I am interested in the creatures that live around us, especially those that seem to receive our greatest disdain. I learned about the domestication of the pigeon around 3000 BC, making it one of the first domesticated animals and the first domesticated bird. I learned about the uses pigeons were put to as a food source, a pet, a messenger and as a hobby. I read stories about pigeons saving lives in war, pigeons finding their way home from hundreds of miles away in nonstop marathon races, and pigeons that had been crossbred in such amazing ways that they could no longer feed themselves. I discovered that pigeons had been used extensively in science to study behavior, trained to distinguish artwork of one artist from another, used to spot lost sailors at sea and, almost, used to make a pigeon guided smart bomb.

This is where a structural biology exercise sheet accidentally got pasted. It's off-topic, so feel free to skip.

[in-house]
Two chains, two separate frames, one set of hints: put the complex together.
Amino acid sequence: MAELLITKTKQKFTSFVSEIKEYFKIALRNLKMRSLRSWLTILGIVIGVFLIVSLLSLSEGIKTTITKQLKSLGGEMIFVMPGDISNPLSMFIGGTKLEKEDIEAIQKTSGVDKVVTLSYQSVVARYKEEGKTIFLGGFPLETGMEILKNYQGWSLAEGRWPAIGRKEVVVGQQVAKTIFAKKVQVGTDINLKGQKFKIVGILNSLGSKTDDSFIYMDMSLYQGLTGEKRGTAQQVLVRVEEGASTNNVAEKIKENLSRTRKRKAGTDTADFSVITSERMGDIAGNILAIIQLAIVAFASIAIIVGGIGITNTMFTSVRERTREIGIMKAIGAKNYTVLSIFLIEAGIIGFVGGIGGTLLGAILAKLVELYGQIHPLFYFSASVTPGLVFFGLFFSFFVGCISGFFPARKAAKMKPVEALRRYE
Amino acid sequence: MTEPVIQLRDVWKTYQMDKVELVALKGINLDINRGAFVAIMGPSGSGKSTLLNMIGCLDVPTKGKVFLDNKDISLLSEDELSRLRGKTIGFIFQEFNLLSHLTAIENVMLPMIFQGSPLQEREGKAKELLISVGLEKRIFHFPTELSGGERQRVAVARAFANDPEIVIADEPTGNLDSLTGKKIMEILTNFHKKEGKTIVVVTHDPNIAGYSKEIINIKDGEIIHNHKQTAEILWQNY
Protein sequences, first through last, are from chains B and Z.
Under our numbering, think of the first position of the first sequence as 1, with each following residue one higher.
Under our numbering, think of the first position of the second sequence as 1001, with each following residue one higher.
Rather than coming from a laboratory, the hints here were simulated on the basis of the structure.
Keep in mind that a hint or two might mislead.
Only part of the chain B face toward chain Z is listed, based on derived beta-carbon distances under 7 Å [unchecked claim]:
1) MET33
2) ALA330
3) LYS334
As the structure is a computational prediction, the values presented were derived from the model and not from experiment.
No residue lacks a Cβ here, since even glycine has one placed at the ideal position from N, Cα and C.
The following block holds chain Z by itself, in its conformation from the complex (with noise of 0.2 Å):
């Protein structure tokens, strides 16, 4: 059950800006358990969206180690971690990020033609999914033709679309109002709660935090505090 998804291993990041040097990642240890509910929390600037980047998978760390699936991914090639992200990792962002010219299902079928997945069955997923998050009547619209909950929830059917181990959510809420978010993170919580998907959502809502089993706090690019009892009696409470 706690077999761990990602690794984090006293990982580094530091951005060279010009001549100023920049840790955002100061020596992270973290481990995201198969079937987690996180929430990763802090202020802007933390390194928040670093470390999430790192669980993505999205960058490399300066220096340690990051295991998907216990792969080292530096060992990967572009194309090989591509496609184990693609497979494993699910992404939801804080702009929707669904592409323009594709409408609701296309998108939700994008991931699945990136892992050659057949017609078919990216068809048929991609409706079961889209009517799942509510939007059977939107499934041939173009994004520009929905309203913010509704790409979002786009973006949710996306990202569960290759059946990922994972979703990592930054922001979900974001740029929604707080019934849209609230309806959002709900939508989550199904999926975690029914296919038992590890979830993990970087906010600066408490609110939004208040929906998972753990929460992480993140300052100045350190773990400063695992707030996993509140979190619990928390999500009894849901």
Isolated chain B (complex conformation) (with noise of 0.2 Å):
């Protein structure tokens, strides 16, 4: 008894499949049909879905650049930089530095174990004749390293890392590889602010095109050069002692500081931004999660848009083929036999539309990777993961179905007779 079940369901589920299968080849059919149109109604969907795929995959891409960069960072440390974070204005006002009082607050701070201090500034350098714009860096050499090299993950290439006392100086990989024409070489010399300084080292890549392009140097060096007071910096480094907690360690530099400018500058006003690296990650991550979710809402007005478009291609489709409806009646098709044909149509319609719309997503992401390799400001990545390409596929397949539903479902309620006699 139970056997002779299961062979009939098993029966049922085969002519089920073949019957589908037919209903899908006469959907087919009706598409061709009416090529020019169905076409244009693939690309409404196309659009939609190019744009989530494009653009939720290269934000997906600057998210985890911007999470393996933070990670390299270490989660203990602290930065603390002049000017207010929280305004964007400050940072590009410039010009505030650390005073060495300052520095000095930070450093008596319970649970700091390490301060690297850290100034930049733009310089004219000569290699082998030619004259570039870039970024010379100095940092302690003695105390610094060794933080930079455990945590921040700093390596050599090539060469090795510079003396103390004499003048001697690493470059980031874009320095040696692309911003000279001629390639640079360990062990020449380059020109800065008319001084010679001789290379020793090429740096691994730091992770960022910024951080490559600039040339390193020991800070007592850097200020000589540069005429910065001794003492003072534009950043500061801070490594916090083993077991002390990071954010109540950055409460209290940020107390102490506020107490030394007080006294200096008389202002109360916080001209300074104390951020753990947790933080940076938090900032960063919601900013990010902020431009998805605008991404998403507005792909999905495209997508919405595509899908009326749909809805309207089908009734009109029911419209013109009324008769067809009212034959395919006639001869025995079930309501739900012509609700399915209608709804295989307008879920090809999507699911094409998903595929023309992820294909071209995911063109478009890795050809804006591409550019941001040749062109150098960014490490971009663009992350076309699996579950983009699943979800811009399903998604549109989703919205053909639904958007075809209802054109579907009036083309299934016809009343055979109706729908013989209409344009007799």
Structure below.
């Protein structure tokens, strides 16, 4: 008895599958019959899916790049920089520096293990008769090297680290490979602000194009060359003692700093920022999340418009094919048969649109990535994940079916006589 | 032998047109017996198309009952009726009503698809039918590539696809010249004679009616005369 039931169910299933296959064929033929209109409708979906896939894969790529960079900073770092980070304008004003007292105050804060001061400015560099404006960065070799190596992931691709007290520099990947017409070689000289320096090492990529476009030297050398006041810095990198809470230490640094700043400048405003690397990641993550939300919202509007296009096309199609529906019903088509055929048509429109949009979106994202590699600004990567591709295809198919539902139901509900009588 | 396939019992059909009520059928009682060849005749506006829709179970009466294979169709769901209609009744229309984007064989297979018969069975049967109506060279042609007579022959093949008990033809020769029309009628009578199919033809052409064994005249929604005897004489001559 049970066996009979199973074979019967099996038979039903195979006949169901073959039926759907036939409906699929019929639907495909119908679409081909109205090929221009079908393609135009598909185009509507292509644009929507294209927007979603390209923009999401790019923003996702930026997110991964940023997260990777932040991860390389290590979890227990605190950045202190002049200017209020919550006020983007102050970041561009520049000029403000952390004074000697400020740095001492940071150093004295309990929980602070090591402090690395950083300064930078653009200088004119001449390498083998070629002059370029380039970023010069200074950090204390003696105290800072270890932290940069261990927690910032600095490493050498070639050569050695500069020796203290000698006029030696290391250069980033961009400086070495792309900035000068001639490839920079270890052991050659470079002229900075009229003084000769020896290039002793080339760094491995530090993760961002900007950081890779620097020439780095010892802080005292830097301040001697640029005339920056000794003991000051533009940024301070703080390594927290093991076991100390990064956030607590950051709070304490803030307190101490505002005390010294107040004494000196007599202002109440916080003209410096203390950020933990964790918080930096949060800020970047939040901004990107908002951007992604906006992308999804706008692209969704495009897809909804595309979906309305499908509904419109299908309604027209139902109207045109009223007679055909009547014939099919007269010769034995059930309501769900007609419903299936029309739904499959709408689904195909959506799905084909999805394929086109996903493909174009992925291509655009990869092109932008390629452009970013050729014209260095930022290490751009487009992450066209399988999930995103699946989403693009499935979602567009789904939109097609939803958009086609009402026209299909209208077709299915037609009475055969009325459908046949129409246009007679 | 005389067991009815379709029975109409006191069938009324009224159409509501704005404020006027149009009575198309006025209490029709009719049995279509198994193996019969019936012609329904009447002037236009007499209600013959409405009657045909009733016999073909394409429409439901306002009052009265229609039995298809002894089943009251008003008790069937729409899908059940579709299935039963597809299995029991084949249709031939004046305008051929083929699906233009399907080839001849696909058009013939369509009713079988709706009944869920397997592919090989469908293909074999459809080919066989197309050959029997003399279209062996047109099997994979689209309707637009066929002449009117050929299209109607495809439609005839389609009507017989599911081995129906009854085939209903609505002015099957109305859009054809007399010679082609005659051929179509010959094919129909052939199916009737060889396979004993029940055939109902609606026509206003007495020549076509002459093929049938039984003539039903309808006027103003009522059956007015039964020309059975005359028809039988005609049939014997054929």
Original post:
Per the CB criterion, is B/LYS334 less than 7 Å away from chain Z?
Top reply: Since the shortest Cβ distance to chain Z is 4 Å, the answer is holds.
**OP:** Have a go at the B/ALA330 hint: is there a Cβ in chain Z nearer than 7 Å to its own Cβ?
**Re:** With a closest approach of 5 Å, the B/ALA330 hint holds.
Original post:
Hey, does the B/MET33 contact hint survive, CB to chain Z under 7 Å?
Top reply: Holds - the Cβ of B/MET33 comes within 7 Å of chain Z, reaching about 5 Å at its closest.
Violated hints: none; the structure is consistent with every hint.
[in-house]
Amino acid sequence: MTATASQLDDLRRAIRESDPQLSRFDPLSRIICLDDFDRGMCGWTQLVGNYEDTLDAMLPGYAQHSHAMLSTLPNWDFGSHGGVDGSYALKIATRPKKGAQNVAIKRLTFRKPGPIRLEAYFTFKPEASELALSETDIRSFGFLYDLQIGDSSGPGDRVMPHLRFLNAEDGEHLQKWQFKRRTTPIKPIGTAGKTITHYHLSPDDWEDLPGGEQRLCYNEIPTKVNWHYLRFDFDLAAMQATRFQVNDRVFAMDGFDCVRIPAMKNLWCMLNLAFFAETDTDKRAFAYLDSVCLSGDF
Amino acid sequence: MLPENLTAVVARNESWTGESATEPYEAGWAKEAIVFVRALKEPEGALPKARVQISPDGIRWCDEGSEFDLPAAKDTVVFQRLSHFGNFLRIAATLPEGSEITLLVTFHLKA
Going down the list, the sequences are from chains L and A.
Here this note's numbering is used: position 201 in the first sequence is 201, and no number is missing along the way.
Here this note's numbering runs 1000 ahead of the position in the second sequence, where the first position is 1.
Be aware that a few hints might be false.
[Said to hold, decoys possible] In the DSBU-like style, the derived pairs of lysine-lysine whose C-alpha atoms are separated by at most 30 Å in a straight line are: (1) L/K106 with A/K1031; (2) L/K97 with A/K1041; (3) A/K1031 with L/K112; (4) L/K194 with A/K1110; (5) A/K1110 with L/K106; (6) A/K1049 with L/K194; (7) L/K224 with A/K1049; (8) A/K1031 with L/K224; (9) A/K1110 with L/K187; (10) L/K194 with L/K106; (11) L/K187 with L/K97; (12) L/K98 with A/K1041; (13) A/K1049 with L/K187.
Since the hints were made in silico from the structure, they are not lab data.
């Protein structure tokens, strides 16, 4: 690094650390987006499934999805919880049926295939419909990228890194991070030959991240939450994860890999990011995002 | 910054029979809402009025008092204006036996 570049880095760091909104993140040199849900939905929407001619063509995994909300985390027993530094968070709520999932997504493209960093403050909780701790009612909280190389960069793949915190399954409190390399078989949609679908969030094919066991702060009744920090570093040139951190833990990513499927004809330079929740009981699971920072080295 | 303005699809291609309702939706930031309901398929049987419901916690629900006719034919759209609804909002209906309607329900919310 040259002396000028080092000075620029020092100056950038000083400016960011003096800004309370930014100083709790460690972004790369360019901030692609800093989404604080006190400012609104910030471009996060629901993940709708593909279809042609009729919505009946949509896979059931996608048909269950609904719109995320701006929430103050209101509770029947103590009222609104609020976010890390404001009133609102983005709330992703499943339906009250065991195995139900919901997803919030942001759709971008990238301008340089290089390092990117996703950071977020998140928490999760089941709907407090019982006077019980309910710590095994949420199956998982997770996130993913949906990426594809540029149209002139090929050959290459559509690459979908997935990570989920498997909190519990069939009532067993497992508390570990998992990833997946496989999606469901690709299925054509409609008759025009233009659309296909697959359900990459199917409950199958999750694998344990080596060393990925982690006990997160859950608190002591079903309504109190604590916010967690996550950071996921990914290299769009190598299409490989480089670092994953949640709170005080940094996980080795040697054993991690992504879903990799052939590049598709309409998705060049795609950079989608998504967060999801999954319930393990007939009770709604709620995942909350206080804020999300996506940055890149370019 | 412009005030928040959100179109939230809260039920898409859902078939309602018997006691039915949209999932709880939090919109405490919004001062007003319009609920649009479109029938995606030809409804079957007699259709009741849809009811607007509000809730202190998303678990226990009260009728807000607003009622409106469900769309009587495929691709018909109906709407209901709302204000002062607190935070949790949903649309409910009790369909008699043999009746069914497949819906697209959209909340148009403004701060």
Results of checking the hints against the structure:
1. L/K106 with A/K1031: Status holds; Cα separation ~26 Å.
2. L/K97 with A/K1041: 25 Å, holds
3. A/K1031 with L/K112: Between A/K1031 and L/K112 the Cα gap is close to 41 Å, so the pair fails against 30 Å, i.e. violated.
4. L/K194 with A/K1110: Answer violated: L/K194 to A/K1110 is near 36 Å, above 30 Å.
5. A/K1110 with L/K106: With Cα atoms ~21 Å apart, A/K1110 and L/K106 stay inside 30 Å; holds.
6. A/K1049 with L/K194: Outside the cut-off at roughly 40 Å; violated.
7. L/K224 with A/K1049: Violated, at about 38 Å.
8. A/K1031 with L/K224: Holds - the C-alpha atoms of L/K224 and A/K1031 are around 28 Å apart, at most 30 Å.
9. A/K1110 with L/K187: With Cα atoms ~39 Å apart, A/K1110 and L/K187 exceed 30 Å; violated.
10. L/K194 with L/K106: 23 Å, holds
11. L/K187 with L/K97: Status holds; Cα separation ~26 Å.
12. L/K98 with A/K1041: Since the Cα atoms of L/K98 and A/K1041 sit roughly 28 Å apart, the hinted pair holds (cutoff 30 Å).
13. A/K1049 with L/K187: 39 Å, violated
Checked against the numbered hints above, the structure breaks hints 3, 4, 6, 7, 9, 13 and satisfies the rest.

This did not seem to me to be the history of a species deserving disdain or contempt. I started by making paintings that explored this hidden history of the pigeon. Birds, trapped in dark, lost environments acted out the events of their forgotten past. War hero birds, surrounded by their medals and equipment posed for fancy breed pigeons in a dark and collapsing cabinet. Birds that can be trained to recognize themselves in a mirror cluster around a broken one in a hazily lit abandoned warehouse. In order to impart a theatrical and suggestive quality to these paintings I drew on the early baroque paintings of artists like Caravaggio who used the extreme form of chiaroscuro called tenebrism. I wanted to tap into my viewers desire to look into the shadows to wonder what was really going on with these birds.